I can't help thinking that Openwave (Nasdaq: OPWV ) is racing toward the edge of the cliff, and management knows it. Take Thursday's earnings report, for example -- companies with bad news to report sometimes try to drown the numbers in a sea of unrelated, snappy-sounding press releases, like Sun Microsystems (Nasdaq: SUNW ) did last October. Openwave couldn't even come up with that, and the biggest news of the day was a new name for the CFO position.
The results had to be reported, though, and it wasn't pretty at all. Back out a $17 million restructuring charge, and turn a blind eye to the $54.8 million net losses at the held-for-sale Musiwave division (on $7.5 million in segment revenue -- who would buy this value destroyer?), and you're still looking at nearly $20 million of red ink from continuing operations.
Mobile browsers have become commodities rather than the luxury items Openwave needs them to be. Every major browser platform is available in a slimmed-down mobile version now, including offerings from Microsoft (Nasdaq: MSFT ) , Apple (Nasdaq: AAPL ) , the open-source Mozilla/Firefox project, and Norwegian developer Opera Software ASA (OTC BB: OPESF.PK). The time when Openwave's products were Rule Breaking is long past, and I don't see how the company plans to adjust, reform, and relaunch into some other, more promising boutique software area.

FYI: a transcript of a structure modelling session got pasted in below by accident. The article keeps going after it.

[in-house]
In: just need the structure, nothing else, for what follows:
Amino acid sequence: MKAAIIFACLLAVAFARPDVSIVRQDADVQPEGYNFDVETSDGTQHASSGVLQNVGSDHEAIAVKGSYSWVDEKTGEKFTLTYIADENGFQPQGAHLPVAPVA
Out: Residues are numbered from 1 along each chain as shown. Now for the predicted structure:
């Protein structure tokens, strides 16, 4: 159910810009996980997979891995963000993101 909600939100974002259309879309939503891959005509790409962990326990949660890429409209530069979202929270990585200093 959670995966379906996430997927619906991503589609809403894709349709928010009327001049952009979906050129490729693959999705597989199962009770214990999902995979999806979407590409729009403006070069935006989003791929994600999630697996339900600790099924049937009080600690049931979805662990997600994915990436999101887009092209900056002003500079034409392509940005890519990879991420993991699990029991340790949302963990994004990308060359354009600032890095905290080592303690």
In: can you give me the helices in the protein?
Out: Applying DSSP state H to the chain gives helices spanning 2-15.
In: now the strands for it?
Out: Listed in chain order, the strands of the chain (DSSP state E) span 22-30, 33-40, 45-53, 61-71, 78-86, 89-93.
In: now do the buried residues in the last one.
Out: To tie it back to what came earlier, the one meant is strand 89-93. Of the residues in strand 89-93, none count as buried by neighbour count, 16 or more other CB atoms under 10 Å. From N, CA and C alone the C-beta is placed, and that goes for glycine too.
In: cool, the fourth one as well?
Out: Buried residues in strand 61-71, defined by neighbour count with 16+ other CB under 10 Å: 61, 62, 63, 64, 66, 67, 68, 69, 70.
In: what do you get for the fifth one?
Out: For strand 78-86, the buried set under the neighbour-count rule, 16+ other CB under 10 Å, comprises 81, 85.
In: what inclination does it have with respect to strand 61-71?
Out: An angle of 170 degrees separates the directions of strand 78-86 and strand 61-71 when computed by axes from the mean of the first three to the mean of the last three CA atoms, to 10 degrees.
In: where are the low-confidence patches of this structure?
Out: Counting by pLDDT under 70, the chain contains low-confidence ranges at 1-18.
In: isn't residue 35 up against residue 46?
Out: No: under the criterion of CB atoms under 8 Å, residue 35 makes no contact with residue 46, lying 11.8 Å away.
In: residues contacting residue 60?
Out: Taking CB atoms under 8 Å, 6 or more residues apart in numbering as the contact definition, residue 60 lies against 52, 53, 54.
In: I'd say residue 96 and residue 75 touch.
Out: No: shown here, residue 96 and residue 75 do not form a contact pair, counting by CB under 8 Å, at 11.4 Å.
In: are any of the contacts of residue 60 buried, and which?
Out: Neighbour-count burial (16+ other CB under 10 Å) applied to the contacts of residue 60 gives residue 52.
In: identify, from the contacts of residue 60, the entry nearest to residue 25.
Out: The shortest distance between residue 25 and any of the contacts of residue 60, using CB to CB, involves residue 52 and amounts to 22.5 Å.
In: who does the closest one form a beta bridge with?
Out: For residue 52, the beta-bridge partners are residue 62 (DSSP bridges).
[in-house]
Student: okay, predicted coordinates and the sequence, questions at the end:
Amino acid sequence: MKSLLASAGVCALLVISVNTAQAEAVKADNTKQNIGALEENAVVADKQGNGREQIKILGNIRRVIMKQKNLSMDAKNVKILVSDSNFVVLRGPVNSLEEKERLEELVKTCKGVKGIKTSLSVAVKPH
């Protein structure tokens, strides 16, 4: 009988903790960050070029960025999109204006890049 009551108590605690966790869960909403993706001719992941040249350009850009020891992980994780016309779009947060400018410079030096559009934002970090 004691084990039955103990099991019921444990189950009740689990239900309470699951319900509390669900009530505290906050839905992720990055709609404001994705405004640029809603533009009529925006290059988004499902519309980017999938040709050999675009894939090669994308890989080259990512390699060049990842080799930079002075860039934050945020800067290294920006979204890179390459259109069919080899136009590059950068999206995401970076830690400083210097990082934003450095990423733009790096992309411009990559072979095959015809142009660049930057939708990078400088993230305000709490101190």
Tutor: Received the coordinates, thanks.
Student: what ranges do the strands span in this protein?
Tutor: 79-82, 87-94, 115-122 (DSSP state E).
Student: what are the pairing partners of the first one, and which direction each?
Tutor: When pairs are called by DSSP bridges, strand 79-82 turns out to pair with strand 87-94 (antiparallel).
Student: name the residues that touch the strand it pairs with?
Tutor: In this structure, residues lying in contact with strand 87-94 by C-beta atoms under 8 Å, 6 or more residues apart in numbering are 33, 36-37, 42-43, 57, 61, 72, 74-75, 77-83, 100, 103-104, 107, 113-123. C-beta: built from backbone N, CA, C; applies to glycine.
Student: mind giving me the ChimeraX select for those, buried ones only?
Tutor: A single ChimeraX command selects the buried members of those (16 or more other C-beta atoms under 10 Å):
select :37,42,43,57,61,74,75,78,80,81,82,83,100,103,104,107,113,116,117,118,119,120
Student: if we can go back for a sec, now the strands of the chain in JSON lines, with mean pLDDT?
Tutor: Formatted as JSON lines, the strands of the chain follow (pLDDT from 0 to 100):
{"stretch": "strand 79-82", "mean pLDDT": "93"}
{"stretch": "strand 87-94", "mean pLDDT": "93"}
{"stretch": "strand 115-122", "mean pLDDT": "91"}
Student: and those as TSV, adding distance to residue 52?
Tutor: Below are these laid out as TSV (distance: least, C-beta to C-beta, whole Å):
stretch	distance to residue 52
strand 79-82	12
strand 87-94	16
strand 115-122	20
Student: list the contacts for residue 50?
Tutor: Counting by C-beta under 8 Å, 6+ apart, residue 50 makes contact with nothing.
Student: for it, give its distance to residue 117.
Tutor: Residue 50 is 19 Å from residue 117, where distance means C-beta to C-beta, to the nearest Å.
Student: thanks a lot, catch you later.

Activist investment firm Harbinger Capital Partners seem to agree. The company has dropped its legal claims for Openwave board seats, liquidated its 9.6% ownership in the company, and moved on to greener pastures. Good move, too.
- Maybe Openwave should have made Rick Munarriz's 2007 sell list.
- This company is still a closed book.
Fool contributor Anders Bylund holds no position in any of the companies discussed here. You can check out Anders' holdings if you like, and Foolish disclosure will be there for you, like you want it to -- and you'll squeeze it tight, baby, all through the night.